The State Library of Victoria in Melbourne, Australia’s second largest city, is a reference and research library that attracts more than one million visitors a year. Founded in 1854, the library's collection of two million books, as well as reading rooms, galleries, exhibition spaces, conference centre and coffee shop occupies two hectares, an entire city block.
An energy appraisal of this space found significant energy savings were possible by replacing the existing flow control in the HVAC system (heating, ventilation and air conditioning), which used throttling valves, with ABB variable speed drives.
The library has four water-cooled chillers with eight motors ranging from 15 to 55 kilowatts (kW); five cooling tower fans with one 11 kW motor each; and two gas-fired heating boilers with one 22 kW and one 30 kW motor on the hot water circulation pumps. By installing 15 ABB standard drives for HVAC, energy savings of between 30 and 60 have been achieved across the various applications.
This is equivalent to 1,800 megawatt-hours (MWh) a year, worth $155,000 annually in reduced energy costs. The payback time, including reduced maintenance costs: around 13 months.
Besides reducing energy consumption, the drives have improved chiller compressor efficiency and cooling tower fan control. They have also reduced noise pollution from the cooling tower fans, eliminating a disturbance to library visitors and nearby residences.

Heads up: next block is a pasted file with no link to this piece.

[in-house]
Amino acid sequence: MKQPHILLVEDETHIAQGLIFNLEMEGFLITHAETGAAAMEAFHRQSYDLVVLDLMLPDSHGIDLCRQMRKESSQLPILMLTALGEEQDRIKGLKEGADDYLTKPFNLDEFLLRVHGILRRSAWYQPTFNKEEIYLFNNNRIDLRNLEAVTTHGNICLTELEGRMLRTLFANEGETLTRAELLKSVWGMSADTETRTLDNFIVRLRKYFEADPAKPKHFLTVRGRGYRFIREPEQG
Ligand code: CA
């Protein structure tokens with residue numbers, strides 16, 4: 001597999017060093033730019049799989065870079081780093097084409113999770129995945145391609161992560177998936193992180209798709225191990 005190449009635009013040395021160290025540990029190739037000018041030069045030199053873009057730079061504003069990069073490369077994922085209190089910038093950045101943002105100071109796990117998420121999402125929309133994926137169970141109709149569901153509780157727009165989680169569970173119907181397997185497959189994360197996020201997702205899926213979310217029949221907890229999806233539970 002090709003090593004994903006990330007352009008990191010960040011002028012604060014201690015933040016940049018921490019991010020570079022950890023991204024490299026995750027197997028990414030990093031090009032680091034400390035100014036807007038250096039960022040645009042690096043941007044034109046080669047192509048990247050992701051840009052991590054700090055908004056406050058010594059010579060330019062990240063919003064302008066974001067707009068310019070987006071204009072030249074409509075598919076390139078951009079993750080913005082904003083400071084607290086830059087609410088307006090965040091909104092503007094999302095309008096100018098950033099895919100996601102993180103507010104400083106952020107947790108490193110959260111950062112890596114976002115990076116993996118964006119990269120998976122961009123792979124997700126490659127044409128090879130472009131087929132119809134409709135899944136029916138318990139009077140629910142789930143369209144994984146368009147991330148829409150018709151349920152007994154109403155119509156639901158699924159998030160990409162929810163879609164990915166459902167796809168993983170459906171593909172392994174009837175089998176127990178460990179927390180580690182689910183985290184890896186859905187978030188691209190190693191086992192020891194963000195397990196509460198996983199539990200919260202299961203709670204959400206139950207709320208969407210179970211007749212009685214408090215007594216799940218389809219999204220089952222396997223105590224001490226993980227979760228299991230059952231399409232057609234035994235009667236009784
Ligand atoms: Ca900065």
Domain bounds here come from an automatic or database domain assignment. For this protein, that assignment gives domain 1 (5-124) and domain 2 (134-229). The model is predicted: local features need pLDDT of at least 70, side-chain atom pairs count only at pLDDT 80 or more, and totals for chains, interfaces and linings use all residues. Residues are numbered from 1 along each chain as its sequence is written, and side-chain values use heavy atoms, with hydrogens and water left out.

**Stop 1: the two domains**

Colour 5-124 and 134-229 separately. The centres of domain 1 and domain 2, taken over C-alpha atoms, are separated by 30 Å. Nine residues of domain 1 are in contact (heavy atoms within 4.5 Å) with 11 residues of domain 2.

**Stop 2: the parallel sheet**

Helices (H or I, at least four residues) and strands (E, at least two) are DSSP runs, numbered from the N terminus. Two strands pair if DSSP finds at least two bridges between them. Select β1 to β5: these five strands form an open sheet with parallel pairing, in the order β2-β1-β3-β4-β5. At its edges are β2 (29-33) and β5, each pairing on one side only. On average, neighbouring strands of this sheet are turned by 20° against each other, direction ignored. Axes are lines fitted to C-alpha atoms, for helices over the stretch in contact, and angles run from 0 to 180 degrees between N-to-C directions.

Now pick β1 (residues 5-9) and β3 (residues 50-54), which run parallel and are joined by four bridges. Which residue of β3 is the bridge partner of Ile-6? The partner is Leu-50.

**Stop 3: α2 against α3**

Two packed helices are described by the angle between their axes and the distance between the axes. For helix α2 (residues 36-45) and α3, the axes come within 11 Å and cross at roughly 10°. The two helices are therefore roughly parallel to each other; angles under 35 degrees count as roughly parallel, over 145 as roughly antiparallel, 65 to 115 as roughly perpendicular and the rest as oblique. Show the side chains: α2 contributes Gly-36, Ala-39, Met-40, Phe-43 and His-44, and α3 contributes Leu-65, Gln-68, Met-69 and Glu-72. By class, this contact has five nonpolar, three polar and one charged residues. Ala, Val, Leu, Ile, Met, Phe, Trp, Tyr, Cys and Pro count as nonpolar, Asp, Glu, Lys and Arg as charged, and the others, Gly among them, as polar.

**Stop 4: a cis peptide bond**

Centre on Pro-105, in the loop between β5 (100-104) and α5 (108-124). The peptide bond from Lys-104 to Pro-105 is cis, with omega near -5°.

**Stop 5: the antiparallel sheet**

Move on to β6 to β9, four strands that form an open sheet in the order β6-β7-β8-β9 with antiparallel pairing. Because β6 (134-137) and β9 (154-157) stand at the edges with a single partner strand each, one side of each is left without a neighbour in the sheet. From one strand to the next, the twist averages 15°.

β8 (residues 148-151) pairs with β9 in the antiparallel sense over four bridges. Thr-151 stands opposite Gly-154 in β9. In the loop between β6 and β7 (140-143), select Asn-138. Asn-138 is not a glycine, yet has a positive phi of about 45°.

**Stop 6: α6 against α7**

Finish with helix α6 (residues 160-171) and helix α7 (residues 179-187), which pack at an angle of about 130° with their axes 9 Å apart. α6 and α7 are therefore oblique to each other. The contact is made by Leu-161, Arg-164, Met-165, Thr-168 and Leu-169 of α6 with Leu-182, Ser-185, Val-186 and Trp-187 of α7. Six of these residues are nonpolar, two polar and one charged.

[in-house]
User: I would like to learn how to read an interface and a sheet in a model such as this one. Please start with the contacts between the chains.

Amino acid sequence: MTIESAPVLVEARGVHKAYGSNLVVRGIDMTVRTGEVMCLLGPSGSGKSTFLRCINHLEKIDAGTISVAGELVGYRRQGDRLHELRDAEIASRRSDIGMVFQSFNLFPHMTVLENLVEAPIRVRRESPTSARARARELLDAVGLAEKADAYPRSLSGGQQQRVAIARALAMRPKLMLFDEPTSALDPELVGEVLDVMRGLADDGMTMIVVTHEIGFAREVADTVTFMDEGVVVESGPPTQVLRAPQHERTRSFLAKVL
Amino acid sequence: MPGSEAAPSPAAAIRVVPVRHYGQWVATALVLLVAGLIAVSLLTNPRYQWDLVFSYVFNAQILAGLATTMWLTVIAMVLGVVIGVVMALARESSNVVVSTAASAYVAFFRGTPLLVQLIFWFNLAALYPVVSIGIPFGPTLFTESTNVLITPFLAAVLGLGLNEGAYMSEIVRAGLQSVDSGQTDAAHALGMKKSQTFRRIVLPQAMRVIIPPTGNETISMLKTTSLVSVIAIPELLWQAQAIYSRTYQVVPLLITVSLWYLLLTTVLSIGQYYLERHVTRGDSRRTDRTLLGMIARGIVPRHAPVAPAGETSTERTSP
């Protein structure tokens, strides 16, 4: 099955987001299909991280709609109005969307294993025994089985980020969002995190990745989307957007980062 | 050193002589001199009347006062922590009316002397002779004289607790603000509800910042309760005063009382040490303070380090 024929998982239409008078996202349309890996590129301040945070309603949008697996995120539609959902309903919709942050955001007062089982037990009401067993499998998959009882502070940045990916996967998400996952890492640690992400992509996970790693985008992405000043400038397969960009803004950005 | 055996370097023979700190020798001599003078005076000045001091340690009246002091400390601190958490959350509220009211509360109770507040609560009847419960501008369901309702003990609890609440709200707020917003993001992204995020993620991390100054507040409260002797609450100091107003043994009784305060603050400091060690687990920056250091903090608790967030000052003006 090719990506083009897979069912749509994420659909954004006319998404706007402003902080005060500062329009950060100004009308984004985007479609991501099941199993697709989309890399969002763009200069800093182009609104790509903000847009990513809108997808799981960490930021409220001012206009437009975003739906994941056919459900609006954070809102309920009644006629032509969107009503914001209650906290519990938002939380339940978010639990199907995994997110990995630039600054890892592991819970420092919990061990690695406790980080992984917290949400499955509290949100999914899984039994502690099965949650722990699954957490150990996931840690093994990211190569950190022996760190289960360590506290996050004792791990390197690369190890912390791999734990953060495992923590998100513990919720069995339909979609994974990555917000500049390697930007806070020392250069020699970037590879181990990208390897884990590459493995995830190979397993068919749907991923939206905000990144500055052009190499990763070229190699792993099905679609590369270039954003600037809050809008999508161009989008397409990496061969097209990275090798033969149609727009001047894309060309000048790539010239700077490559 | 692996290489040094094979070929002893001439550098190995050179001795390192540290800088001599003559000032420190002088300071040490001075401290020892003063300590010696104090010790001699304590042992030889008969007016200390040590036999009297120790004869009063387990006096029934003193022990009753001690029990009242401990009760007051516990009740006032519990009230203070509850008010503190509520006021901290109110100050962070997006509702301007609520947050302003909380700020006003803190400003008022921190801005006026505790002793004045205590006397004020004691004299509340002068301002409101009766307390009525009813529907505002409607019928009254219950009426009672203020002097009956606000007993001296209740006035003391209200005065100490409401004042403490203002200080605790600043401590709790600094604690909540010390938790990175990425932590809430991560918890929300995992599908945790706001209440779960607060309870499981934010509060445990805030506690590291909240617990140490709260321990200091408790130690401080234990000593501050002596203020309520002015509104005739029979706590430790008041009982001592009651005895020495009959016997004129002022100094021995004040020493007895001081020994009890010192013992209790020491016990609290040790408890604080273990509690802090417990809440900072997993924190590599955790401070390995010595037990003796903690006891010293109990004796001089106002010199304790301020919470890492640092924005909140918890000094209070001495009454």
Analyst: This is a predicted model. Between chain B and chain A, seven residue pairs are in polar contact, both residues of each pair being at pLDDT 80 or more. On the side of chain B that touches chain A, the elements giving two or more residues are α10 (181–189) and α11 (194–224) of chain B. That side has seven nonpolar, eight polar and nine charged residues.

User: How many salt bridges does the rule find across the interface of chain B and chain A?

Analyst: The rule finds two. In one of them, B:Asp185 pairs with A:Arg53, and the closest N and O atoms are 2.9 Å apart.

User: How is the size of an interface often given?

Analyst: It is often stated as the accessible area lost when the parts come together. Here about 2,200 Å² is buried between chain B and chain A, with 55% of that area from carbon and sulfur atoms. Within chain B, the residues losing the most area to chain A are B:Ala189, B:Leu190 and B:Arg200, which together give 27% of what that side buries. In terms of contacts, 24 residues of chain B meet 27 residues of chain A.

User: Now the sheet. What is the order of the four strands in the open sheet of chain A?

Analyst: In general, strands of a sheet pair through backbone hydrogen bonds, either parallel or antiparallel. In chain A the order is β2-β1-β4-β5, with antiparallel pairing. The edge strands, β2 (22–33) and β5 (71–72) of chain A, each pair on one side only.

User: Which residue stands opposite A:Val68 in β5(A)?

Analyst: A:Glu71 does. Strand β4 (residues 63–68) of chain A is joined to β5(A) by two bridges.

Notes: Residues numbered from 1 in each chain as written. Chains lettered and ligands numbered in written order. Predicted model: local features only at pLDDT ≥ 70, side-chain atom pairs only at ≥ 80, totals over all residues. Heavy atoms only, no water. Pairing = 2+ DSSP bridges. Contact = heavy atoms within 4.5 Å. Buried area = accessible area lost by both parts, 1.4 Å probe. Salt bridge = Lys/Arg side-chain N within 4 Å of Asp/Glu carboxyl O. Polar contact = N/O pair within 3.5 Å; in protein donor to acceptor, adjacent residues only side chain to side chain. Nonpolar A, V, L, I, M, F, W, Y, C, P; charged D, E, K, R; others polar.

Maintenance has also been reduced as the constant stop-start control of the fans has been replaced by the soft start of the drives, which reduces the wear on motor bearings, fan bearings and fan belts.
Working with energy efficiency can be a challenge in an old building,” says Mike Brown, facilities manager at the library. “No matter how hard we try to raise efficiency, it will never match a modern building. The library is 150 years old and heritage-listed. Its large halls with high ceilings make it difficult to air-condition. Some of the walls are a meter thick, which makes it hard to achieve the desired temperature.
“Under these conditions using AC drives is a useful way to save energy where we can. It also helps us control conditions accurately – the temperature needs to be controlled to 22 degrees and humidity to 50 to protect manuscripts, paintings and the two million books.”
The system has exceeded expectations,” concludes Brown. “It has been very reliable and produced massive savings in energy and maintenance that will be reaped in the coming years.